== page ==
The Prophetic Warnings of Justice Antonin Scalia
America suffered a great loss this past Saturday with the sudden death of Supreme Court Justice Antonin Scalia. But, to apply words from the eleventh chapter of the Book of Hebrews, Justice Scalia “being dead still speaks.” Some of his dissenting opinions were not just scathingly surgical (while criticized by some as “intemperate” and worse), they were prophetic.
In 2013, writing for the ABA Journal, Debra Cassens Weiss stated, “Scalia predicts the future, once again, in gay-marriage dissent.” She was pointing back to Scalia’s dissenting opinion in the 2003 Lawrence v. Texas ruling, which infamously found a constitutional right to sodomy, as well as to his dissenting opinion in the 2013 United States v. Windsor, which overturned the Defense of Marriage Act (DOMA).
Scalia’s words have been quoted many times since 2003 as an accurate prophetic warning of the inevitable (but much derided) slippery slope. He wrote, “State laws against bigamy, same-sex marriage, adult incest, prostitution, masturbation, adultery, fornication, bestiality, and obscenity … every single one of these laws is called into question by today’s decision.”
Although we can question whether some of the behaviors listed by Scalia should be the focus of state law, there is no denying the accuracy of his warning. It was not for nothing that gay activists immediately celebrated the Lawrence v. Texas decision as the clear path to same-sex “marriage.” As reported by The New York Times June 26, 2003,
Gay men and lesbians poured into the streets today to celebrate a Supreme Court decision striking down or strictly limiting the country’s last remaining sodomy laws in 13 states.
From Florida to Alaska, thousands of revelers vowed to push for more legal rights, including same-sex marriages.
As Scalia rightly asked, based on the court’s ruling “what justification could there possibly be for denying the benefits of marriage to homosexual couples?” The answer to his rhetorical question is now self-evident: If there is a constitutional right to sodomy, a patently absurd claim, then homosexuals can claim same-sex “marriage” as a “right.”
Scalia, then, was not overstating things when he claimed that the Court “has largely signed on to the so-called homosexual agenda.” We could even say today that the Court did not just “sign on” to that agenda in the aftermath of Lawrence v. Texas. Rather, it signed, sealed and delivered that agenda.
Ten years later, in 2013, when the Supreme Court overturned DOMA in the United States v. Windsor ruling, Scalia’s dissenting opinion was so prescient that supporters of same-sex “marriage” have used his words to say, “You see! Redefining marriage is inevitable.”
Critics of Scalia have even claimed that it was his dissenting opinion that paved the way for a flood of rulings in favor of redefining marriage, since he allegedly expanded the implications of the majority decision. Instead, I believe it would be better to say that his logical predictions were right on target.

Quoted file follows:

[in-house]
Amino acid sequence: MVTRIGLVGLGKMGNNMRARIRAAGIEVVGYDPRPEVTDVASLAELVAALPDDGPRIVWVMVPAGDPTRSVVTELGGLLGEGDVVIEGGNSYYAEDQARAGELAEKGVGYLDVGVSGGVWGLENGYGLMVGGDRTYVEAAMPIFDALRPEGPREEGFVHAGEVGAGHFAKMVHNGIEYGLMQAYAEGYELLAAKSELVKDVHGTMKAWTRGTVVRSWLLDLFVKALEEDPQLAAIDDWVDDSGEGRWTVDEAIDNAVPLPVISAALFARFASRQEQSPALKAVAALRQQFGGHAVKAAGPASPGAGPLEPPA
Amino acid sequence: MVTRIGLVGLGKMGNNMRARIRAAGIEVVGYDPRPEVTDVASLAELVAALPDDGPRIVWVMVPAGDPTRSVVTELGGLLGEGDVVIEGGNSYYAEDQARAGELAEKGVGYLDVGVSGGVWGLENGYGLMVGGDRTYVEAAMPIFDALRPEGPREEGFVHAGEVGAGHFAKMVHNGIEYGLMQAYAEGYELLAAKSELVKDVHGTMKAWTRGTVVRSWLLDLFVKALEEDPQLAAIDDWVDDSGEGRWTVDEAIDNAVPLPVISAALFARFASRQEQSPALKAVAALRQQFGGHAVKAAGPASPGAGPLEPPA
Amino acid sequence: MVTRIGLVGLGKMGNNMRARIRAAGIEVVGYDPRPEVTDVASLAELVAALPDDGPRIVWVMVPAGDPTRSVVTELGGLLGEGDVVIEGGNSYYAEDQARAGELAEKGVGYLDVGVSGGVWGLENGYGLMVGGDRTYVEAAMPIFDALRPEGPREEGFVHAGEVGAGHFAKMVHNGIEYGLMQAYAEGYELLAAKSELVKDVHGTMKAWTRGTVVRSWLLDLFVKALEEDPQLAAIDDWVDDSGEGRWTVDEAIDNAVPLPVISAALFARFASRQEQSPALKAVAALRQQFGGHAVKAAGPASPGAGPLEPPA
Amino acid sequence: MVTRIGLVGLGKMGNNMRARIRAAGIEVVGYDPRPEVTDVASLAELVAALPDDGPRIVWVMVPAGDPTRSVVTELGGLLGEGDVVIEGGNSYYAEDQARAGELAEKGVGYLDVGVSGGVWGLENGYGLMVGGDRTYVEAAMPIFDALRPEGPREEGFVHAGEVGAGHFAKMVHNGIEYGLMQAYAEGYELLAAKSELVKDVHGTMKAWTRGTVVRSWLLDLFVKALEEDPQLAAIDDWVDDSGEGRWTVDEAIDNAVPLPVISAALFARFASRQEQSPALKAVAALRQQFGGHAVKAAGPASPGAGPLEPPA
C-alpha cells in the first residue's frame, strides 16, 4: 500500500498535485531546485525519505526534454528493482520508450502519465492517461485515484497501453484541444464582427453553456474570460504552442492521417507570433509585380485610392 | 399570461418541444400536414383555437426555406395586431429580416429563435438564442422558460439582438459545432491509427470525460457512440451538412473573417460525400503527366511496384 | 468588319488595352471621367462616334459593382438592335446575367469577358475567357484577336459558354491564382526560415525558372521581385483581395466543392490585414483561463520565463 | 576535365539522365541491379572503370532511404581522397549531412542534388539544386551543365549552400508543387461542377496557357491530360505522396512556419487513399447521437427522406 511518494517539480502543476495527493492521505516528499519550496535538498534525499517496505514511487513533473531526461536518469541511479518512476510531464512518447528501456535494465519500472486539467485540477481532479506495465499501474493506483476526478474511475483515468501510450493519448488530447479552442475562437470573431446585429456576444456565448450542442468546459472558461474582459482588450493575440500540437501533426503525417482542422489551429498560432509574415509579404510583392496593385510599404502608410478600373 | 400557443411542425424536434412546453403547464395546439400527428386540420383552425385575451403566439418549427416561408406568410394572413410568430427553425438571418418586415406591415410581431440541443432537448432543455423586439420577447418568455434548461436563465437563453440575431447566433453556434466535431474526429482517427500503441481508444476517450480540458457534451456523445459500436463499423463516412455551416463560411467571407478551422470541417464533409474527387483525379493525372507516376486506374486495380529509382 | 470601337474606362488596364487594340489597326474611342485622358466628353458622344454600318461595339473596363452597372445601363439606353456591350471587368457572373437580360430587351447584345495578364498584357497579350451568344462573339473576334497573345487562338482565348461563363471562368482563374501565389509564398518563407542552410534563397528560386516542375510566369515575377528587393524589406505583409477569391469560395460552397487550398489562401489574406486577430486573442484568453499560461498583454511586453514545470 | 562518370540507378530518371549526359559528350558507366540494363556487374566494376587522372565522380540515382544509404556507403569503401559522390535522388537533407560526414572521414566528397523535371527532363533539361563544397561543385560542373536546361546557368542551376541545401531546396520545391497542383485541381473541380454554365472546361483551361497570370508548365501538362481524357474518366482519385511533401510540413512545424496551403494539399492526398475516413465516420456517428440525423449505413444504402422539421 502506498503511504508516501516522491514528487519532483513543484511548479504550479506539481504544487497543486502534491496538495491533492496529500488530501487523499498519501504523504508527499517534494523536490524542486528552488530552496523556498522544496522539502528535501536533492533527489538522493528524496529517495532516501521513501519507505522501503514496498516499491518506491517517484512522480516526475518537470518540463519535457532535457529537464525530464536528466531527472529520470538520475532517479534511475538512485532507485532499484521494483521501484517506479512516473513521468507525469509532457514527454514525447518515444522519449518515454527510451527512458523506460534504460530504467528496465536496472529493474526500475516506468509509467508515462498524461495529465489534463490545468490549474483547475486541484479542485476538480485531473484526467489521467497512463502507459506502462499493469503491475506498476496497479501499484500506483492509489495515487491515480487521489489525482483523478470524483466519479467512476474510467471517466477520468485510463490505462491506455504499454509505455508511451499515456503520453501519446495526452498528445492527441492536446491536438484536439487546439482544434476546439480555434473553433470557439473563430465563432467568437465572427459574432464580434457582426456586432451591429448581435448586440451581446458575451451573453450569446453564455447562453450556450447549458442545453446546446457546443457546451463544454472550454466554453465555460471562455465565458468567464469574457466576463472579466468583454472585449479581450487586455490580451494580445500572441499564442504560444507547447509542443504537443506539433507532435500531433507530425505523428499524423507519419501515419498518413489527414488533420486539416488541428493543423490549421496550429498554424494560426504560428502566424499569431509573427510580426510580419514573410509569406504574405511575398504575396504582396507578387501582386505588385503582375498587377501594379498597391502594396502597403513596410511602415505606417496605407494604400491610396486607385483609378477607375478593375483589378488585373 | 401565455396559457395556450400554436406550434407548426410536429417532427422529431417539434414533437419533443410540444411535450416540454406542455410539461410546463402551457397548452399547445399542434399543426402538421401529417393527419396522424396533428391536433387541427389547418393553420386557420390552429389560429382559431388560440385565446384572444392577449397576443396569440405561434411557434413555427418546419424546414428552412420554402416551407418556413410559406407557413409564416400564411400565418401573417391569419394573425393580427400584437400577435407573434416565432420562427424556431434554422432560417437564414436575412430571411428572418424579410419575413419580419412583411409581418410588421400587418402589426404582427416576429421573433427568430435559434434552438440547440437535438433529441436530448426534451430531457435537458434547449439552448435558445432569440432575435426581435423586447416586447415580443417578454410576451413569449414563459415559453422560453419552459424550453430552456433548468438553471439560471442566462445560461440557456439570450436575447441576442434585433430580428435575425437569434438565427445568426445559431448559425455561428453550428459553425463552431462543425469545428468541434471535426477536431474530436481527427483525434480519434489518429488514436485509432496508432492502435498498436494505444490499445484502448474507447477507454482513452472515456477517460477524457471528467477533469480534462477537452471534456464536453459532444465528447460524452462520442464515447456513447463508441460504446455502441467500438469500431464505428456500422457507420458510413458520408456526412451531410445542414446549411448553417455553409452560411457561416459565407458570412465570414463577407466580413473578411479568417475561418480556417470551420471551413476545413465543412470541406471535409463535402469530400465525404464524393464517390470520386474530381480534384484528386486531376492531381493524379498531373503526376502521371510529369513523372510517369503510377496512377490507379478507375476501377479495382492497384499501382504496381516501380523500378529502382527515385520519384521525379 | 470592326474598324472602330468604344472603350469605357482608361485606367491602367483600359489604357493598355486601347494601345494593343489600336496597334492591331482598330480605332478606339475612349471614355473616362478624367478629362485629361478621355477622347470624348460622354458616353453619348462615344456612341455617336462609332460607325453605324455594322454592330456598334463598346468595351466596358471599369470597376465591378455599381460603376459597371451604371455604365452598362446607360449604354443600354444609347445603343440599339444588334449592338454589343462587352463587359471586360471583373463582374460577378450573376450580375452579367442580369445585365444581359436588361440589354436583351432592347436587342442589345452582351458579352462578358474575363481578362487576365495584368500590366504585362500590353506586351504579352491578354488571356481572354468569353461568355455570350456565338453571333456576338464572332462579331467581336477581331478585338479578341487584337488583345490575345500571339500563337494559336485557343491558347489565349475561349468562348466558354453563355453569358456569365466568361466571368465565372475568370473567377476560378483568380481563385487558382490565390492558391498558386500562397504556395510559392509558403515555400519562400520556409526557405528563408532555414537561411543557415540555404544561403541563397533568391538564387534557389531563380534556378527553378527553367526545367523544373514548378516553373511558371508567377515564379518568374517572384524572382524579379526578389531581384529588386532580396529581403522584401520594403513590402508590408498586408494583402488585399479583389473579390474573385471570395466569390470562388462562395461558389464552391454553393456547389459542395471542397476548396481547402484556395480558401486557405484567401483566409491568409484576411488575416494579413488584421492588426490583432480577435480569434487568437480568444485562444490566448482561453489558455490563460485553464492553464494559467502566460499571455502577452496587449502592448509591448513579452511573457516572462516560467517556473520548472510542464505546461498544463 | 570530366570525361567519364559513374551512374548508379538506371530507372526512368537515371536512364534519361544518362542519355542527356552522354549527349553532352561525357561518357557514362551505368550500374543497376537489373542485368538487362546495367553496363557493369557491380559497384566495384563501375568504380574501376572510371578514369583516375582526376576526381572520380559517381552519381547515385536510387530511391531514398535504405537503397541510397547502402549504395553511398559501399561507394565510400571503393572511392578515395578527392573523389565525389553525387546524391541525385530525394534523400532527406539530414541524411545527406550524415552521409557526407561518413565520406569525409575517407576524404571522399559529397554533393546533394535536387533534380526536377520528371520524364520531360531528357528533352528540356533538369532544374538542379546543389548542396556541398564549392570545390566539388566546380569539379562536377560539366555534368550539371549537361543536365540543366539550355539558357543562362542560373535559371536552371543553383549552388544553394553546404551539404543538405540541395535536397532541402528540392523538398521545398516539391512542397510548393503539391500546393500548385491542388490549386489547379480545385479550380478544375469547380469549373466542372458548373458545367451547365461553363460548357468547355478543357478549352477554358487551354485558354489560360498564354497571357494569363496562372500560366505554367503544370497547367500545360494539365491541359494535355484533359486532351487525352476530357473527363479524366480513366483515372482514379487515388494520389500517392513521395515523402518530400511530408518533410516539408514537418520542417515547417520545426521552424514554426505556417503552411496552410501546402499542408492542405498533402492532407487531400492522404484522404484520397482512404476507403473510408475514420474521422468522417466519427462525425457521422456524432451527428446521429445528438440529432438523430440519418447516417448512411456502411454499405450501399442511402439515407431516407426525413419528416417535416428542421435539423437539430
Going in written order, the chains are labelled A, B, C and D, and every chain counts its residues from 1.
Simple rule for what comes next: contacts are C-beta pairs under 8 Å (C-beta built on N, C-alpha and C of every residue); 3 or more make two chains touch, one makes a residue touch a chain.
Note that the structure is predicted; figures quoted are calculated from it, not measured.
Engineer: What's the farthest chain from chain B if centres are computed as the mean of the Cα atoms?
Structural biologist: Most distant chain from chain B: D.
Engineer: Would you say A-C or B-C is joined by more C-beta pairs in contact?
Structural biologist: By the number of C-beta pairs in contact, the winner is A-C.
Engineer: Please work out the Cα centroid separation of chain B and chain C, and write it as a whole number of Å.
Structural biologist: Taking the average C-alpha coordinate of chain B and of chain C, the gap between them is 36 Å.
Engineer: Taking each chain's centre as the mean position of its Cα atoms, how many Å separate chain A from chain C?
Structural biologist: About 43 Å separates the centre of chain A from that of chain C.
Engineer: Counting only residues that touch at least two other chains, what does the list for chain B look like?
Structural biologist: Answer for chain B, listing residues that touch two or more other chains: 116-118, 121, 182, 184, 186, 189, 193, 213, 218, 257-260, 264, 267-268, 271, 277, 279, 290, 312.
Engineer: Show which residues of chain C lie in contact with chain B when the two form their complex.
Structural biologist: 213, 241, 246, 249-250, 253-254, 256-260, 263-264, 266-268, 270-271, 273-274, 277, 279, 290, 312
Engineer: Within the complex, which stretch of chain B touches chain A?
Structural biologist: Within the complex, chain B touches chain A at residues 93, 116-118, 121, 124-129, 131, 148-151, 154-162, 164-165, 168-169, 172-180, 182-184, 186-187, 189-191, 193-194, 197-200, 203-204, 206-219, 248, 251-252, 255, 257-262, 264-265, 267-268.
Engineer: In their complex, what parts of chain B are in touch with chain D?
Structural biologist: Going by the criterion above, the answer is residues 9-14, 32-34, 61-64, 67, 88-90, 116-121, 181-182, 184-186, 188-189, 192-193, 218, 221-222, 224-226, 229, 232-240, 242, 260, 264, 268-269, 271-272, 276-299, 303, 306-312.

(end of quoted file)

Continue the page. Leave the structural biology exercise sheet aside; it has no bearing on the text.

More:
In his dissent of the Windsor ruling, Scalia wrote, “By formally declaring anyone opposed to same-sex marriage an enemy of human decency, the majority arms well every challenger to a state law restricting marriage to its traditional definition.”
He continued, “As I have said, the real rationale of today’s opinion, whatever disappearing trail of its legalistic argle-bargle one chooses to follow, is that DOMA is motivated by ‘bare … desire to harm’ ’couples in same-sex marriages. … How easy it is, indeed how inevitable, to reach the same conclusion with regard to state laws denying same-sex couples marital status.”
How easy, indeed. Last year, when the Court redefined marriage in the Obergefell v. Hodges decision, Scalia, issued yet another prophetic warning, as did the other dissenting justices. Scalia first rebuked the Court’s overreach, writing, “Today’s decree says that my Ruler, and the Ruler of 320 million Americans coast-to-coast, is a majority of the nine lawyers on the Supreme Court.”
He continued, “This practice of constitutional revision by an unelected committee of nine, always accompanied (as it is today) by extravagant praise of liberty, robs the People of the most important liberty they asserted in the Declaration of Independence and won in the Revolution of 1776: the freedom to govern themselves.”
It is that very freedom that is being challenged on a weekly basis in our courts, places of business, schools and beyond. Scalia’s death, then, is not just a loss for the Supreme Court and our nation. It is a loss for the cause of freedom.
May God raise up to the Court men and women who will build on Justice Scalia’s legacy rather than work against it, men and women who will heed Scalia’s warnings rather than prove those warnings true.